Inside The Grim, Grisly World Of Working At A Chicken Plant

A new report documents harsh conditions on the disassembly line. But producers say they are “proud of advancements in worker safety.”

Oxfam America

Oxfam America


The average American poultry plant today is found at the edge of a highway, near a company town, lights blazing and chimneys smoking at all hours. Outside, the ground is all concrete and feathers, and the air smells of fried chicken and bird feces. Inside, the plant is humid, loud, and cold — kept at low temperatures to better preserve the chicken. Sharp knives fly alongside powerful machinery, and everywhere are chemicals, like ammonia and chlorine, used for cleaning, processing, and cooking. Floors are slick with blood, grease, and water to periodically clear away viscera and offal.

This is the workplace in which America’s favorite meat is produced. Over the past half century, Americans have tripled their poultry consumption, and the $50 billion industry today employs a quarter of a million workers. This workforce is anything but stable: By some estimates, employee turnover in the sector has been higher than 100% in recent years.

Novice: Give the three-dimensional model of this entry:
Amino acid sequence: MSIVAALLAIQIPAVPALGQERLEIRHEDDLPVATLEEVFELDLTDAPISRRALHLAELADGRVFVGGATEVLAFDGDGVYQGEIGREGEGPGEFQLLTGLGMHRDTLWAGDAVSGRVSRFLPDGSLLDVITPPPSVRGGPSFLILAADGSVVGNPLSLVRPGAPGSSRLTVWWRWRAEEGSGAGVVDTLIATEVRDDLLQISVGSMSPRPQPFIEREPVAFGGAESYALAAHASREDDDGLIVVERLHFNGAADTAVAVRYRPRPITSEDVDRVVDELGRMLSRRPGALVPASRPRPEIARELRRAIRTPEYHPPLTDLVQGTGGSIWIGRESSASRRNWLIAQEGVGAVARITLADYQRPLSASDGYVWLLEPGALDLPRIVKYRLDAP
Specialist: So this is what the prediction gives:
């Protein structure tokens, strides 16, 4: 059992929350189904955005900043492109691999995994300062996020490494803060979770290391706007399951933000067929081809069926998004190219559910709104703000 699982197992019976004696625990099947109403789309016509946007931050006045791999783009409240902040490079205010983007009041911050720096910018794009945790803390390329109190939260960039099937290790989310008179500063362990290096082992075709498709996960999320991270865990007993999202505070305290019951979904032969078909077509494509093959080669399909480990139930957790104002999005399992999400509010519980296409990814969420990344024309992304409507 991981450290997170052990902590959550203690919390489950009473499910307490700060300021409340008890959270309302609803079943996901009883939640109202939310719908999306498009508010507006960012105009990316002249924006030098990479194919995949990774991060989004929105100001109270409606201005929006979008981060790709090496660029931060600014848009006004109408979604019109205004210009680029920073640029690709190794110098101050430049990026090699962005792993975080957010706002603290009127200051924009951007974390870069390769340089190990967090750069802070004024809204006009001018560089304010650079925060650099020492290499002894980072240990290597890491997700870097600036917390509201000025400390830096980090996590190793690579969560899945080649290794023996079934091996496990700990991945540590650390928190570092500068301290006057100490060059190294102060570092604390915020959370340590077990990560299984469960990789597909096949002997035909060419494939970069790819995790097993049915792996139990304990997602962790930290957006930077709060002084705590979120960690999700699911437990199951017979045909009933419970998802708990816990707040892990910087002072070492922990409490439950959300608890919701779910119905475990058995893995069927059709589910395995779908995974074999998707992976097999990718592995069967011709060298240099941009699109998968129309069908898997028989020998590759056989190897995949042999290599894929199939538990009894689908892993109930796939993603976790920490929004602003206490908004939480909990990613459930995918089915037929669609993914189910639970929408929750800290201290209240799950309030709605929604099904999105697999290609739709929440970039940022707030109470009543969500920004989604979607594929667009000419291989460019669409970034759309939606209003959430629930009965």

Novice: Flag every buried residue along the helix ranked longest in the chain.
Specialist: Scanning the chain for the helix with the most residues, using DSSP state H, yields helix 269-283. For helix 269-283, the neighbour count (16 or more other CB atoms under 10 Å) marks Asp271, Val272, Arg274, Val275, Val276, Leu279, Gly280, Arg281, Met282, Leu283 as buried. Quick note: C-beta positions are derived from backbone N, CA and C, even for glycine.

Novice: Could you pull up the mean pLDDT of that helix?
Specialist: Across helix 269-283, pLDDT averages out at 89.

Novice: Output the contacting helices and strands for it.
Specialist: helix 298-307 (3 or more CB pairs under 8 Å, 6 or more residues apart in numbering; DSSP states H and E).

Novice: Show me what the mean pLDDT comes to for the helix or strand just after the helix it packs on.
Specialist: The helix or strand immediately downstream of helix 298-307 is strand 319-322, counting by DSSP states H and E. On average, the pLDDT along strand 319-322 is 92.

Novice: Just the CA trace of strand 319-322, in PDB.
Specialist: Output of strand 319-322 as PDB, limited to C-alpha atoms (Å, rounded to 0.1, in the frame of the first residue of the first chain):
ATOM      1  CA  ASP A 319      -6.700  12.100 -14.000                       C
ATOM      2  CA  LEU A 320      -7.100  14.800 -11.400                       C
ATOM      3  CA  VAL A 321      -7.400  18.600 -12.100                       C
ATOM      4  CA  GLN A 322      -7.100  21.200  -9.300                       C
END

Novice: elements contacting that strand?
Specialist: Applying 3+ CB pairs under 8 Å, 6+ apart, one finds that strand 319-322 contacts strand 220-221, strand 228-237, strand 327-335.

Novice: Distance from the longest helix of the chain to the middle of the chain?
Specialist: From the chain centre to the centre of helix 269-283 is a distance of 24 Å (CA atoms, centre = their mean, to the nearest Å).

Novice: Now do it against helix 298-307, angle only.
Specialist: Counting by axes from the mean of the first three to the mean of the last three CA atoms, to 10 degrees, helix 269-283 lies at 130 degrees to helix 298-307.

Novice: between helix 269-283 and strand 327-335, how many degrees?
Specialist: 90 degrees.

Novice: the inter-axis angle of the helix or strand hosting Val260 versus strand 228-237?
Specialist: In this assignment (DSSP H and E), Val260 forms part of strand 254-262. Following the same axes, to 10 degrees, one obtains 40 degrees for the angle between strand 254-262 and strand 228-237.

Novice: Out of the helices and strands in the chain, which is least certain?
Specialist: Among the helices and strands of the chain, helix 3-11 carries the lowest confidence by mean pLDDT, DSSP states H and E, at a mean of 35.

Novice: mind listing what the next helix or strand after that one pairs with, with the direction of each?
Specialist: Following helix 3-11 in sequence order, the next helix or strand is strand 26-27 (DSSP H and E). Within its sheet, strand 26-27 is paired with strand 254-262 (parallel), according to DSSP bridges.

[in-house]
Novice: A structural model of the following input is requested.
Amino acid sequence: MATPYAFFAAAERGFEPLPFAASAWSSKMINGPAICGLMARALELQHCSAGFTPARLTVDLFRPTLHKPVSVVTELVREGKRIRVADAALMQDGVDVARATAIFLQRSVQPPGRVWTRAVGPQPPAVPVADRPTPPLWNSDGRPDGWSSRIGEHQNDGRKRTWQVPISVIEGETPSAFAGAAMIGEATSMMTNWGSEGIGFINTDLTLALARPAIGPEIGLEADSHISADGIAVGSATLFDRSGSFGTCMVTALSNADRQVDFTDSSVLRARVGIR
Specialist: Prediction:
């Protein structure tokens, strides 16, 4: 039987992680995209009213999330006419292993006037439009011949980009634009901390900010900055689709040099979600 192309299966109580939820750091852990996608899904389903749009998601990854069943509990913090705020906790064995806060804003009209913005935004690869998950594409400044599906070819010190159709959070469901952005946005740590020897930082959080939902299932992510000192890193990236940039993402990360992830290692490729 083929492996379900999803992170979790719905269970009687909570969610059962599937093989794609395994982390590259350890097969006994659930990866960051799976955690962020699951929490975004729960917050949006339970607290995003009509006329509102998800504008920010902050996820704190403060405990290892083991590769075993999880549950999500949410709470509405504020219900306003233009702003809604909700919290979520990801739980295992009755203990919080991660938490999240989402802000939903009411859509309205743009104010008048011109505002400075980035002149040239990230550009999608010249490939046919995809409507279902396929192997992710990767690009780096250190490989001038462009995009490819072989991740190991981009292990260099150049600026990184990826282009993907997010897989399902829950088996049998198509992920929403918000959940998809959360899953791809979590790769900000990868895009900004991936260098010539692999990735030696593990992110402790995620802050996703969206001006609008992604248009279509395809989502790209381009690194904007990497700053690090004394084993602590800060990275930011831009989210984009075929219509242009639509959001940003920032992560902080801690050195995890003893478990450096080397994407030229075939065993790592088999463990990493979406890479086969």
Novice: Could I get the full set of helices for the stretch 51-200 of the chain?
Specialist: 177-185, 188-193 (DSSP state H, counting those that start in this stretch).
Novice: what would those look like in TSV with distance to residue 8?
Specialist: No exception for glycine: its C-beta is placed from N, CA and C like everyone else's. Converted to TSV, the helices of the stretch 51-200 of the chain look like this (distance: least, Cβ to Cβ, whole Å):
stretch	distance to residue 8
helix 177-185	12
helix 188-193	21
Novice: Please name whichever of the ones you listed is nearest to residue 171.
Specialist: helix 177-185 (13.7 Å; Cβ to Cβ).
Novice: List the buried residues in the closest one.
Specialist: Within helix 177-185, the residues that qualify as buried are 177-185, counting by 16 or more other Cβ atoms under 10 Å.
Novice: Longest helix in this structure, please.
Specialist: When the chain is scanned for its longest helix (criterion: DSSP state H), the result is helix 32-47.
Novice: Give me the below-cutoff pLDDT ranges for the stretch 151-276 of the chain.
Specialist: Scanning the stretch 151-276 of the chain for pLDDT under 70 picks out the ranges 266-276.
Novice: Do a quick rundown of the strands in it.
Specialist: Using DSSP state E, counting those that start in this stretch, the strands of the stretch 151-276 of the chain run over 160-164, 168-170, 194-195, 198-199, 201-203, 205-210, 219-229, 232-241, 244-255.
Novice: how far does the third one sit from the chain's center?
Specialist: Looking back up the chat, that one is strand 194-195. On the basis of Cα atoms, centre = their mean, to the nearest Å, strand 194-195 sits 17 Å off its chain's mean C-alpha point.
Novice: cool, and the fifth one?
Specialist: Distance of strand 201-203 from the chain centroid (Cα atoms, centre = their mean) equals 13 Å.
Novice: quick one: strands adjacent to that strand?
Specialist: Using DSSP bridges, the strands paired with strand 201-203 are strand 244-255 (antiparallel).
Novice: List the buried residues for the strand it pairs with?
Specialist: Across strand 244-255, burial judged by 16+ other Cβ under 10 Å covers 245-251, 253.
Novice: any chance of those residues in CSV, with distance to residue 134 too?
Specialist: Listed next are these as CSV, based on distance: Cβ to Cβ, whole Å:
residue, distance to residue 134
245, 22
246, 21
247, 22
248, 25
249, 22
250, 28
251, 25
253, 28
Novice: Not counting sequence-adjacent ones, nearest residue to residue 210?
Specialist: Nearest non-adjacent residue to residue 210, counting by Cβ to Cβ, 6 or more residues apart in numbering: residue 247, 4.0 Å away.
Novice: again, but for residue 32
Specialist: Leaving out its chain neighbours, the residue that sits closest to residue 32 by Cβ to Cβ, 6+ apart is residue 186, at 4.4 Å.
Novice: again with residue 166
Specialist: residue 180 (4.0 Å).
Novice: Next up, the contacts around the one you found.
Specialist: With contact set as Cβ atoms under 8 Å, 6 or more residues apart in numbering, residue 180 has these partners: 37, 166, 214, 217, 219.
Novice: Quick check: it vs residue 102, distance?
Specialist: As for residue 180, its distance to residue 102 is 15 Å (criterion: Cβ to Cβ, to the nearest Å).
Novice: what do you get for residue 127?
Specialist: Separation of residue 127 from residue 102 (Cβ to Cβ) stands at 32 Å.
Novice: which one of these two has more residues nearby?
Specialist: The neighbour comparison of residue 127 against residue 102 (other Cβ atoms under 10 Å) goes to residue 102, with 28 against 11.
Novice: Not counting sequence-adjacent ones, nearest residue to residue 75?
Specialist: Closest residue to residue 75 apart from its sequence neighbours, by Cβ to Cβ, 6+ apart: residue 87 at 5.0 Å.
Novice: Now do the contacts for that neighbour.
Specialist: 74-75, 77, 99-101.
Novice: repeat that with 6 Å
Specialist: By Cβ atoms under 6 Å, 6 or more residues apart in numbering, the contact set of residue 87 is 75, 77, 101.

The churn is due in part to grueling labor conditions in the plants, where low-wage workers repeat the same hanging, twisting, slicing, and hacking motions thousands of times a day to process fowl at ever-increasing speeds, as described in a new report from Oxfam America. The work leads to high rates of musculoskeletal disorders — five times that of other industries, according to the most recent numbers from the federal Occupational Safety and Health Administration (OSHA) — as line workers’ hands swell and warp from the stress, leaving them unable to hold spoons, glasses, or their children.

While workplace injuries are reported and tracked by OSHA, critics of the industry say such numbers are unreliable estimates of the true scale of harm being done to worker health. Injured staff who should be at home healing may instead be asked to come in and sit in an office so they don’t appear on lost time logs, Celeste Monforton, a former OSHA legislative analyst now teaching at George Washington University, told BuzzFeed News.

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Source: BuzzFeedNEWS